Sellers now reign supreme

After idling at a sluggish pace over the last few years, the residential real estate market has shifted into overdrive, says Seeff chairman, Samuel Seeff. Despite the subdued economic outlook and second interest rate hike, he does not expect the buoyant demand in the urban areas to subside. 

Quite the contrary, he adds, the demand has been building for the last few years and we now see buyers scrambling to get their hands on attractively priced property.

FNB's property strategist, John Loos, notes in the bank's latest Property Barometer that he predicts that market activity will inevitably slow over the coming months. He believes that the poor economic performance, interest rate hikes and inflationary pressure will reign in the demand, but Seeff disagrees. While we may see a seasonal dip over the winter months and buyers will undoubted have to budget carefully, the overall performance as far as we can gauge is still up on previous years, he says.

Consumers have been cutting back, improving their credit standings and saving for their deposits over the last few years and Seeff says that we now see the effect on the housing market. Not even the cold weather is keeping house hunters away as they continue to flock to show houses. We sit with a backlog of cash and credit ready buyers, but with stock levels down by about 40% year-on-year, our agents now battle with significant stock shortages.

Seeff says that the residential real estate market has turned the corner and is now in a definite upward phase. Homes are selling twice as fast compared to last year and about 90% of buyers now pay close to, or the full asking price. Multiple offers and strong buyer competition is driving offers ever higher to above the asking prices in many instances. There is no doubt that we are now in a sellers' market, sellers reign supreme, he says.

The primary housing market is hot, not only in the sub-R2 million sector, but almost across the board. Even at the top end, R20 million-plus sector of the market, stock shortages are a significant draw-back, says Seeff. Foreign and trophy home buying are at the highest levels since 2007. On the Atlantic Seaboard alone, some 26 properties above the R20 million mark (worth just under R780 million) has sold this year compared to 18 sales worth about R529 million during the first six months of last year. That is more than 40% up year-on-year, he adds.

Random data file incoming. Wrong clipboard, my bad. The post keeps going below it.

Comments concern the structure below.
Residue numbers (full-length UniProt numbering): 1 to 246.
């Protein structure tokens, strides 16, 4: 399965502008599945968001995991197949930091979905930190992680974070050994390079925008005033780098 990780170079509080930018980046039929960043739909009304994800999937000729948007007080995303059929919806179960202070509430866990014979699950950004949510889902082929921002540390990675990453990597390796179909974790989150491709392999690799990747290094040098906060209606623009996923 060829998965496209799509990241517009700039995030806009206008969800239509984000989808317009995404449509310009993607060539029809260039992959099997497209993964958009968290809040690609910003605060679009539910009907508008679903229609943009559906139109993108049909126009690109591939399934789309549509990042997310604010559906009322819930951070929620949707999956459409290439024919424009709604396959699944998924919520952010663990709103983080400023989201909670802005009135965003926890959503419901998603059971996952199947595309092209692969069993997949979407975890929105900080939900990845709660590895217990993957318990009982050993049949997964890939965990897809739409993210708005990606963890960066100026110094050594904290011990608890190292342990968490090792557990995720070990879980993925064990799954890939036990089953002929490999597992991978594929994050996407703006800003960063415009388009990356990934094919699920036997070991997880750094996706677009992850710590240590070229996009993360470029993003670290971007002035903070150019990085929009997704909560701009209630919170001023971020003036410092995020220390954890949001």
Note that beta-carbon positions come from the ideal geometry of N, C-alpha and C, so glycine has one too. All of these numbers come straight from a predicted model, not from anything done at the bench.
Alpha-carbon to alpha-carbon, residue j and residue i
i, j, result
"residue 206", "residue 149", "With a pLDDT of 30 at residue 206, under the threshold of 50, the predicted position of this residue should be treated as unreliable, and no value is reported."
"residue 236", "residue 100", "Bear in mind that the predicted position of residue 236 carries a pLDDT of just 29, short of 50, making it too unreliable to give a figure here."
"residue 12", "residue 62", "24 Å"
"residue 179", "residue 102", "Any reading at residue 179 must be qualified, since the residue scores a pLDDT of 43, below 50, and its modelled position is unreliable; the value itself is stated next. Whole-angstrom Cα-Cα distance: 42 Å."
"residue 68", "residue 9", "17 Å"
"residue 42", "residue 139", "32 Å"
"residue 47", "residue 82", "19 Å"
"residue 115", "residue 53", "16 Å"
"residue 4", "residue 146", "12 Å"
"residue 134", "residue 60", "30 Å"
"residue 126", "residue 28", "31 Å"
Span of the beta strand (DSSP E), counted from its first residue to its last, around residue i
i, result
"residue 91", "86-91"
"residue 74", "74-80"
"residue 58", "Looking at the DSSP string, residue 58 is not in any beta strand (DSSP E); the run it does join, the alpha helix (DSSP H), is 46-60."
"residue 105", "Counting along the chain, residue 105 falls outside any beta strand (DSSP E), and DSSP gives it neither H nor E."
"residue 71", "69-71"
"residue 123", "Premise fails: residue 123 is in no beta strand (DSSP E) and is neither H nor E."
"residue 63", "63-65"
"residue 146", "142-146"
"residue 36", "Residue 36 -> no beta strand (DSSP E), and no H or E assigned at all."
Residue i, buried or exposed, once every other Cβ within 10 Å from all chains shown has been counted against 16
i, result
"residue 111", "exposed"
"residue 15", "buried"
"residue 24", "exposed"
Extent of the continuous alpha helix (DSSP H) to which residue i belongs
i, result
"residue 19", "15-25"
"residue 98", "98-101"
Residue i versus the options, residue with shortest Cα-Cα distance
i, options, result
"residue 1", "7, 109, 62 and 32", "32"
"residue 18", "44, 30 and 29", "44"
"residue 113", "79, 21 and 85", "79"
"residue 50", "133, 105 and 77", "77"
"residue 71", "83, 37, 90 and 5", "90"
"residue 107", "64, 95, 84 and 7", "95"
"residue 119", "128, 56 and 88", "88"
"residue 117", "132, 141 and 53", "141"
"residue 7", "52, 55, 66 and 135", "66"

In top-end areas such as Sandton, Ballito, Cape Town's Southern Suburbs and the Atlantic Seaboard, Seeff's turnover is up by over 30% this year compared to last year. Sales on the Atlantic Seaboard alone amount to almost R900 million for the first six months of this year, up by 35% from just over R600 million during the same period last year and, we look to close this year well ahead of last year's R1bn achieved in the area, says Seeff. This buoyant buyer activity is now also spilling over into the secondary investment and leisure markets. The latest FNB Property Barometer confirms that buy-to-let activity has strengthened for the third consecutive quarter, now accounting for about 10% of all buying activity.

Seeff says the market is nicely balanced, packed with eager buyers, but it is missing the sellers. With well-priced homes selling within anything from a week to a month of listing and buyer appetite at a five-year high, this is an unprecedented opportunity for sellers to attract good offers. Sellers still waiting and watching, possibly in the hope that prices will blow out of the water, may just miss the perfect opportunity, especially if they in turn want to upgrade or downgrade. Sellers also need to be mindful that if prices go up, they too will have to pay a higher price.

The South African property market continues to show its resilience and Seeff says that it was always just a matter of time before buyers would be back and buying. While the economic outlook remains a mixed bag, we should take encouragement from the JSE's recent good performance and the currency clawing back some of its value. Certainly insofar as real estate is concerned, the confidence is high. It is undoubtedly a good cycle for sellers, but wait too long and you may just have to stay put.

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